I want to share with you a little research project about this painting that has preoccupied much of my free time in the last few weeks.
Like most transplants to a new community, R and I have developed a fascination with the history of Prince Edward County and our desire to collect material of local significance runs parallel to our efforts to restore the Gorsline house. I’ve kept my eyes open at auctions, yard sales and online channels for anything of PEC-origin from the early 19th century. That said, as a novice collector of Canadiana I’ve also developed a voracious hunger for colonial Georgian furnishings that has me scanning Kijiji, eBay and other virtual auction sites at every conceivable hour.
Most seasoned antique dealers and collectors will tell you that much of Canada’s early material heritage was lost to our American neighbours. The market for American antiques has gone through periods of growth that correspond with celebrations of American independence that predates Canadian nationhood by nearly a century. With good stock within driving distance, U.S. dealers bought up antique goods and furniture from Canada to sell to American collectors for decades if not the last 100 years – and mostly before burgeoning Canadian patriotism around its 1967 centenary kindled a local market interest in Canadiana. Although the persistence of styles in colonial communities were virtually indistinguishable across the border, it is possible to find Canadian objects hidden in collections of Americana if you know what to look for. In most cases provenance is lacking (if not deliberately suppressed) so connoisseurship becomes paramount.
I’m no connoisseur but have lived around R’s east coast furniture long enough to have a good eye. On sleepless nights I’ll usually scroll through online catalogues of American auction sales until I pass out, hoping to find something that piques my interest. I came across the painting above by coincidence in the sale of a single collector in Ohio. I liked the graphic quality of the folk portrait, but was taken aback reading the inscription across the bottom: “Sophiasburgh July 19th 1822 … P. Shorts – Painted.”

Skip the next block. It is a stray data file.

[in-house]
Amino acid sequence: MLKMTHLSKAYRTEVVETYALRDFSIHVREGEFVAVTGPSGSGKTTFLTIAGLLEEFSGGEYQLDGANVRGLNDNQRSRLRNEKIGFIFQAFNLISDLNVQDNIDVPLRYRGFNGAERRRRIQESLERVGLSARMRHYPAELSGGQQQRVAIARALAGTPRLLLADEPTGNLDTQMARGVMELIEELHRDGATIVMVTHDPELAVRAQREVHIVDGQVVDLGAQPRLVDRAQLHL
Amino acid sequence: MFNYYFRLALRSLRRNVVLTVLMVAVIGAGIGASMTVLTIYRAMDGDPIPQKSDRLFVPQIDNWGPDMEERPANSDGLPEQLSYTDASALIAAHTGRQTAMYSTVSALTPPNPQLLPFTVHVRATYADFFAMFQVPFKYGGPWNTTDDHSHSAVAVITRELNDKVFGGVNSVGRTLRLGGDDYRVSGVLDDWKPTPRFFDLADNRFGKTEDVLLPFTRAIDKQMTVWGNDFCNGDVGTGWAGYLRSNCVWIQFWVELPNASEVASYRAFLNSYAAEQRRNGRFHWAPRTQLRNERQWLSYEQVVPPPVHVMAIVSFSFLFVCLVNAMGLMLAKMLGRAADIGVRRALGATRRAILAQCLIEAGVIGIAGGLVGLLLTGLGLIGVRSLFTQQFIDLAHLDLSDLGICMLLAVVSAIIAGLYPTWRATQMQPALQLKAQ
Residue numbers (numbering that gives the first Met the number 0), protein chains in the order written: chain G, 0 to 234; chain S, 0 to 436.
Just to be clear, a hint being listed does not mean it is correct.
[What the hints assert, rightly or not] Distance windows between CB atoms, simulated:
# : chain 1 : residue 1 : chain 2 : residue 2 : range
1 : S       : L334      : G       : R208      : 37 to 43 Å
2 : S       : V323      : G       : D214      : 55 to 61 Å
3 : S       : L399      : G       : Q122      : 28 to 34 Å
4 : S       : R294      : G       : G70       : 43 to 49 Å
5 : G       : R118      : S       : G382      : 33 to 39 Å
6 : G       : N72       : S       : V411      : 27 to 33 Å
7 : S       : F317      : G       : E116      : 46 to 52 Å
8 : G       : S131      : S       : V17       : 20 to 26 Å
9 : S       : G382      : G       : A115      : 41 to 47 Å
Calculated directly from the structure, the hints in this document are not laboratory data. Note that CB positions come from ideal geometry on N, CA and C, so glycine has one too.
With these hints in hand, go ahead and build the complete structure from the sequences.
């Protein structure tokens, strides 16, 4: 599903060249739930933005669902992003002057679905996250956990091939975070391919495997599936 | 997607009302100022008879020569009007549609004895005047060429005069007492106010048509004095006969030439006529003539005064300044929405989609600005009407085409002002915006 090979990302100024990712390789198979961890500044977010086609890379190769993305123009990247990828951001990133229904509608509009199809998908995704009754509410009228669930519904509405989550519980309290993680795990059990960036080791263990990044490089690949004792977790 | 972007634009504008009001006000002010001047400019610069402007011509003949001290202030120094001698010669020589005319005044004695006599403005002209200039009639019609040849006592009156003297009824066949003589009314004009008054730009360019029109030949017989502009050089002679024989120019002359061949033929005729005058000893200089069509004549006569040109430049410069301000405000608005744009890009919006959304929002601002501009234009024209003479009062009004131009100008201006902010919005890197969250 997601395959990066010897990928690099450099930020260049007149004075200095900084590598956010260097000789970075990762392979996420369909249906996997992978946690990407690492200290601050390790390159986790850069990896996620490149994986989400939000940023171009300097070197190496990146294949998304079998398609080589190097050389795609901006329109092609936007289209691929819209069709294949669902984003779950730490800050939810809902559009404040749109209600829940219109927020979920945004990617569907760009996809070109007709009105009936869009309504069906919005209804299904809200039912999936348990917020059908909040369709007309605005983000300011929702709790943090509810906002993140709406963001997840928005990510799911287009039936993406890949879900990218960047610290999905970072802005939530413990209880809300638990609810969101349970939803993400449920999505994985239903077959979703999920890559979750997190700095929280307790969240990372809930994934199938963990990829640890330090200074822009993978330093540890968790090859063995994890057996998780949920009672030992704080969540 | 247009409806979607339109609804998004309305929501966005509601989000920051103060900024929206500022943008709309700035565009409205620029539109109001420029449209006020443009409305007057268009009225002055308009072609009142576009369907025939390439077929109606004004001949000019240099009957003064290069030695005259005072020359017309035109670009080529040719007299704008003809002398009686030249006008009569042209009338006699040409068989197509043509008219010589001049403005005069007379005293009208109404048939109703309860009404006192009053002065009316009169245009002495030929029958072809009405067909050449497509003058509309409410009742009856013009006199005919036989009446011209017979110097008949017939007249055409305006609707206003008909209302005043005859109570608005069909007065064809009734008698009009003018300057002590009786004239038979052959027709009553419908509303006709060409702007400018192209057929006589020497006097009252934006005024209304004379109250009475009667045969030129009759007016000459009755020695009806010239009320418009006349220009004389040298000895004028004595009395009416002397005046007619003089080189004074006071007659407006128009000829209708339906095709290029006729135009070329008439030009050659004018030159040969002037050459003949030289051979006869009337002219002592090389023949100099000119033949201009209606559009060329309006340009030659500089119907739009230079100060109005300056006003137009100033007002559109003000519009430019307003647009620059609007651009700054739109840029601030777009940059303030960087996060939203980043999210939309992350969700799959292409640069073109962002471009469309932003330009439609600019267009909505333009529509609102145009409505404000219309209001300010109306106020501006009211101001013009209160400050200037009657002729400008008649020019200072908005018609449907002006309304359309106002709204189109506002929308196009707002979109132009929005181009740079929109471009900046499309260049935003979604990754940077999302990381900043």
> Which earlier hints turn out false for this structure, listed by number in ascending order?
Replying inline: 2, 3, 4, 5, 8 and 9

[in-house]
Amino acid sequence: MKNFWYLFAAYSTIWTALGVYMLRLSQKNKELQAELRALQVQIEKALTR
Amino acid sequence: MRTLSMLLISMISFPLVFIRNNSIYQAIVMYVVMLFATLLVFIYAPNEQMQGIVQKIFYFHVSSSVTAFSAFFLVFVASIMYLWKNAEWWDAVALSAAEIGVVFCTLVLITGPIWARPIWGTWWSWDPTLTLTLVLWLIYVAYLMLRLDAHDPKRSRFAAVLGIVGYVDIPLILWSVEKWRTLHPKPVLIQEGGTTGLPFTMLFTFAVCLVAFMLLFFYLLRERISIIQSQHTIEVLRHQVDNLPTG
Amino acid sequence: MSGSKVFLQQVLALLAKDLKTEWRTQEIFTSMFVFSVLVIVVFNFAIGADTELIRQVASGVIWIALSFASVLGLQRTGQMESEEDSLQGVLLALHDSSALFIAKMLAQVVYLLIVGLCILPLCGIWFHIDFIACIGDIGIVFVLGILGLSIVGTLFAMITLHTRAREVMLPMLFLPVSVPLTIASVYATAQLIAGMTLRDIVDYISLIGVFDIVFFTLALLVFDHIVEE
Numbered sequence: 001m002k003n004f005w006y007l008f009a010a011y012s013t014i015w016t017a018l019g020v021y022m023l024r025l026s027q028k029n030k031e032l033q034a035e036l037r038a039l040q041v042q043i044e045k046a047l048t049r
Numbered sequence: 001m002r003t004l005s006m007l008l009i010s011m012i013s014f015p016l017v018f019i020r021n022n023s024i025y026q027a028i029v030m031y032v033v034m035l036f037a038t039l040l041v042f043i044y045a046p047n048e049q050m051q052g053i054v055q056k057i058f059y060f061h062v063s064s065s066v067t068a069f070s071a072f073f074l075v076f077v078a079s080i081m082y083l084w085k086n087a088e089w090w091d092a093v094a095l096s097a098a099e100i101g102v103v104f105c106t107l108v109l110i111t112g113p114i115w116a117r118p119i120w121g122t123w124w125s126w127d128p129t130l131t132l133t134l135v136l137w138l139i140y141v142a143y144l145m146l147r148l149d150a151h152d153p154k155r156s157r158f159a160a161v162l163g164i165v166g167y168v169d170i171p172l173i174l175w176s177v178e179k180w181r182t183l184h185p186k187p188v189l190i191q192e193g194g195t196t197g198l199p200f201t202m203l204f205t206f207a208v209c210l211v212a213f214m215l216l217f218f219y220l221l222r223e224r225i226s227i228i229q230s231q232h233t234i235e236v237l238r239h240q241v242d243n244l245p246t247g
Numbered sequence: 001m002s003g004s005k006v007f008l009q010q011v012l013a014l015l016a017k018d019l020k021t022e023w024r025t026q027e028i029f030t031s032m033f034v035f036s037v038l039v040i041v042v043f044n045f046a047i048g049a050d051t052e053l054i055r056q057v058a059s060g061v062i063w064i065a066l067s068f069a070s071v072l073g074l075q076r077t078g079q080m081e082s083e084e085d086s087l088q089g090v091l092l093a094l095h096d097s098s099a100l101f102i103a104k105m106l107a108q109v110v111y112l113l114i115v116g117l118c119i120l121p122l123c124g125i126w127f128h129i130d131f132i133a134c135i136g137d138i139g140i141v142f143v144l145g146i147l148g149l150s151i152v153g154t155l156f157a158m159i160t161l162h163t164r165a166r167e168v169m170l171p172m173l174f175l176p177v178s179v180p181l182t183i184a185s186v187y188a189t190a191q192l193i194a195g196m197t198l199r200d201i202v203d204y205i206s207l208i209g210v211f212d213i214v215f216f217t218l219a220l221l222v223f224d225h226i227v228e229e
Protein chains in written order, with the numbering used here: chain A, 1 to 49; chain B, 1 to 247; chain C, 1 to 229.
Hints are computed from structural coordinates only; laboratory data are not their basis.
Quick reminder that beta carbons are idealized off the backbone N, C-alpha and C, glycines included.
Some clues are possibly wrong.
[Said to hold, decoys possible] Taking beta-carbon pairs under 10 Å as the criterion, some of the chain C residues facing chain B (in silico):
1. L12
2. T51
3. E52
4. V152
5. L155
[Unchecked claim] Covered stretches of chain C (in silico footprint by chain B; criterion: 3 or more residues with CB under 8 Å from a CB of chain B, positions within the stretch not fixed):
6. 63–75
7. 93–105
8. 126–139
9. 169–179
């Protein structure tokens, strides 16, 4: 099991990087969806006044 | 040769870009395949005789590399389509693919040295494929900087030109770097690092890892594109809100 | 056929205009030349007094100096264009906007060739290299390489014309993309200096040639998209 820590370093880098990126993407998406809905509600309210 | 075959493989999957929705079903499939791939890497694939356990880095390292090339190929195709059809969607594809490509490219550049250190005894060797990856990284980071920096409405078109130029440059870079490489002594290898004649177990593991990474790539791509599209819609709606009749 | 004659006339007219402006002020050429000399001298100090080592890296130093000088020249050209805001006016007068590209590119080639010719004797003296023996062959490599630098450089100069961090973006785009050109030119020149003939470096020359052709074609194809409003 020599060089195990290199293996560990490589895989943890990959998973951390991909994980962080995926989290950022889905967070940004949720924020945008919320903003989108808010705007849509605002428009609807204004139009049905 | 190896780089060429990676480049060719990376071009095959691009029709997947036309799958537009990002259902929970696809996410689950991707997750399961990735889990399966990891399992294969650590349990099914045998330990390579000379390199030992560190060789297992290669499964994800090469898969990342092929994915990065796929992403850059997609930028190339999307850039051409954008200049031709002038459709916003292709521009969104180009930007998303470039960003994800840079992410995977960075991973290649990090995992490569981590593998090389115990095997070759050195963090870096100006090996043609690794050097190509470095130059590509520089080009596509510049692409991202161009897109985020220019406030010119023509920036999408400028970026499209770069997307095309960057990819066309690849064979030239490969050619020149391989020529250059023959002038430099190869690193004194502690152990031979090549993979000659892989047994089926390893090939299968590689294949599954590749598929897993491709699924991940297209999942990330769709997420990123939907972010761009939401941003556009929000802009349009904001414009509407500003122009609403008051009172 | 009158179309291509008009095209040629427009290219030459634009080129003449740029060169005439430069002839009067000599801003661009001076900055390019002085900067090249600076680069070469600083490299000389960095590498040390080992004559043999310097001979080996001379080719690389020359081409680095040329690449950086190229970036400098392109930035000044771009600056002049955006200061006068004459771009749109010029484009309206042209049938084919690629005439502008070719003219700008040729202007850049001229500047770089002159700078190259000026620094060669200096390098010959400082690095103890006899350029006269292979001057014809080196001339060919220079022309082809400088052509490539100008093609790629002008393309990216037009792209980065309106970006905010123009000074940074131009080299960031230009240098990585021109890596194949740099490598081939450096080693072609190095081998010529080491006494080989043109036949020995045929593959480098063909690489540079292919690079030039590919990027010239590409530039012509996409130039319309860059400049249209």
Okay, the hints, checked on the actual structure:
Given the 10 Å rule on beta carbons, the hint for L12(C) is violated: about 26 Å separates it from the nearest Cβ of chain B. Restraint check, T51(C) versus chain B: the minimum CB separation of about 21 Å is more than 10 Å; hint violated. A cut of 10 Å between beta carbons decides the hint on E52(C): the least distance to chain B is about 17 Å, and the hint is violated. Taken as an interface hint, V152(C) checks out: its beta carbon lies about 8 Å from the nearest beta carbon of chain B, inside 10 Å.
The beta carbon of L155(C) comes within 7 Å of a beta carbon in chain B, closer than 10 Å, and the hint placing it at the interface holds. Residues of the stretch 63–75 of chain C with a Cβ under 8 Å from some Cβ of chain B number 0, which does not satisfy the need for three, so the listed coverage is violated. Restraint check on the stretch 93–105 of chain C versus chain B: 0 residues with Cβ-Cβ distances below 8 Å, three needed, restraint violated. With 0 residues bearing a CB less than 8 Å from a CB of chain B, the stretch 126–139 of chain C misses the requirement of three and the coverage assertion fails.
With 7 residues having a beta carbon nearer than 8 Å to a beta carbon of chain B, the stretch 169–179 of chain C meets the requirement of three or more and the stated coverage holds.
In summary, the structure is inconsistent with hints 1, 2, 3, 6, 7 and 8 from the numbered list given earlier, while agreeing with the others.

Sophiasburgh is one of three original township wards that make up Prince Edward County, Ontario. Along with Marysburgh and Ameliasburgh, the wards were named for the three daughters of George III in 1798. Bearing in mind it is the only location in North America to carry that name, P. Shorts’ portrait is undoubtedly local. I knew I had to pursue it.
The portrait is set in a bedroom. A tester bed with blue ruffled canopy and white bedspread is depicted behind the female subject; a blue window casement projects from the right. The dark-haired young woman wears a white Empire gown with blue ribbons at the waist and cuffs, a ruffled collar and a pearl or white-beaded necklace.
The auction house identified the objects she holds as a scroll and key basket. According to online sources, women in the mid-1800s used key baskets to store their household keys, but these are associated specifically with Virginia and North Carolina, and were traditional wedding gifts from husbands to their new brides – symbolic and utilitarian objects for managing the matrimonial home. American examples were usually made of cow or pig hide, and decorated with symbols of happiness and long life. Whether the custom of key baskets migrated to Canada is speculative, but they appear most frequently in American colonial Germanic communities. It was the period setting that initially caught my attention, but considering the bedroom in relation to the intimacy of the portrait and the significance of the objects the woman holds, it leads me to suspect it commemorates her wedding – most likely to the artist.
Shorts is a relatively rare family name in Prince Edward County, introduced by Pennsylvania-born United Empire Loyalist Augustus Shorts (1777-1869). Augustus was the son of Rosannah Monk (b. 1752) and John E. Shorts (born Schurtz, 1729) who served as a British soldier in the war for American independence. Augustus married Hannah Eleanor Pringle (1776-1862) in 1806 and they settled their family in Fredericksburgh, Lennox & Addington County. The only direct relatives with given names that start with P are both named Philip – one is Augustus’s brother (born about 1775), and the other his son (born about 1800).
With those dates and relationships in mind, P. Shorts is most likely Augustus’s son, who would have been 21 or 22 at the time the portrait was made. He was married to Hannah Brown (1801-1852) from Adolphustown, but unfortunately, I have not been able to trace a marriage record, which could correspond with the date of the portrait.
Apart from partial genealogical records, Phillip Shorts is listed as a constable in the Journal of the House of Assembly of Upper Canada, under the Treasurer’s accounts for the District of Prince Edward, “to be paid” 1 pound, 7 shillings, 6 pennies January 9th, 1837. Philip Shorts also appears in the Lennox & Addington Historical Society’s listings of Upper Canadian deaths: “Shorts, David B. At his father’s residence in Belleville, on 30th ult., David B. Shorts, eldest son of Philip Shorts, formerly of Adolphustown, aged [blank] years. The Transcript, Montreal, 8 November, 1842.” Other sources suggest Philip eventually shortened his last name to Short, which may have curtailed some of my initial searches.
Sadly, there is scant information on Hannah thus far.
I have a few leads yet to follow to flush out more details on the Shorts family, but for now I’m happy to bring Hannah closer to home.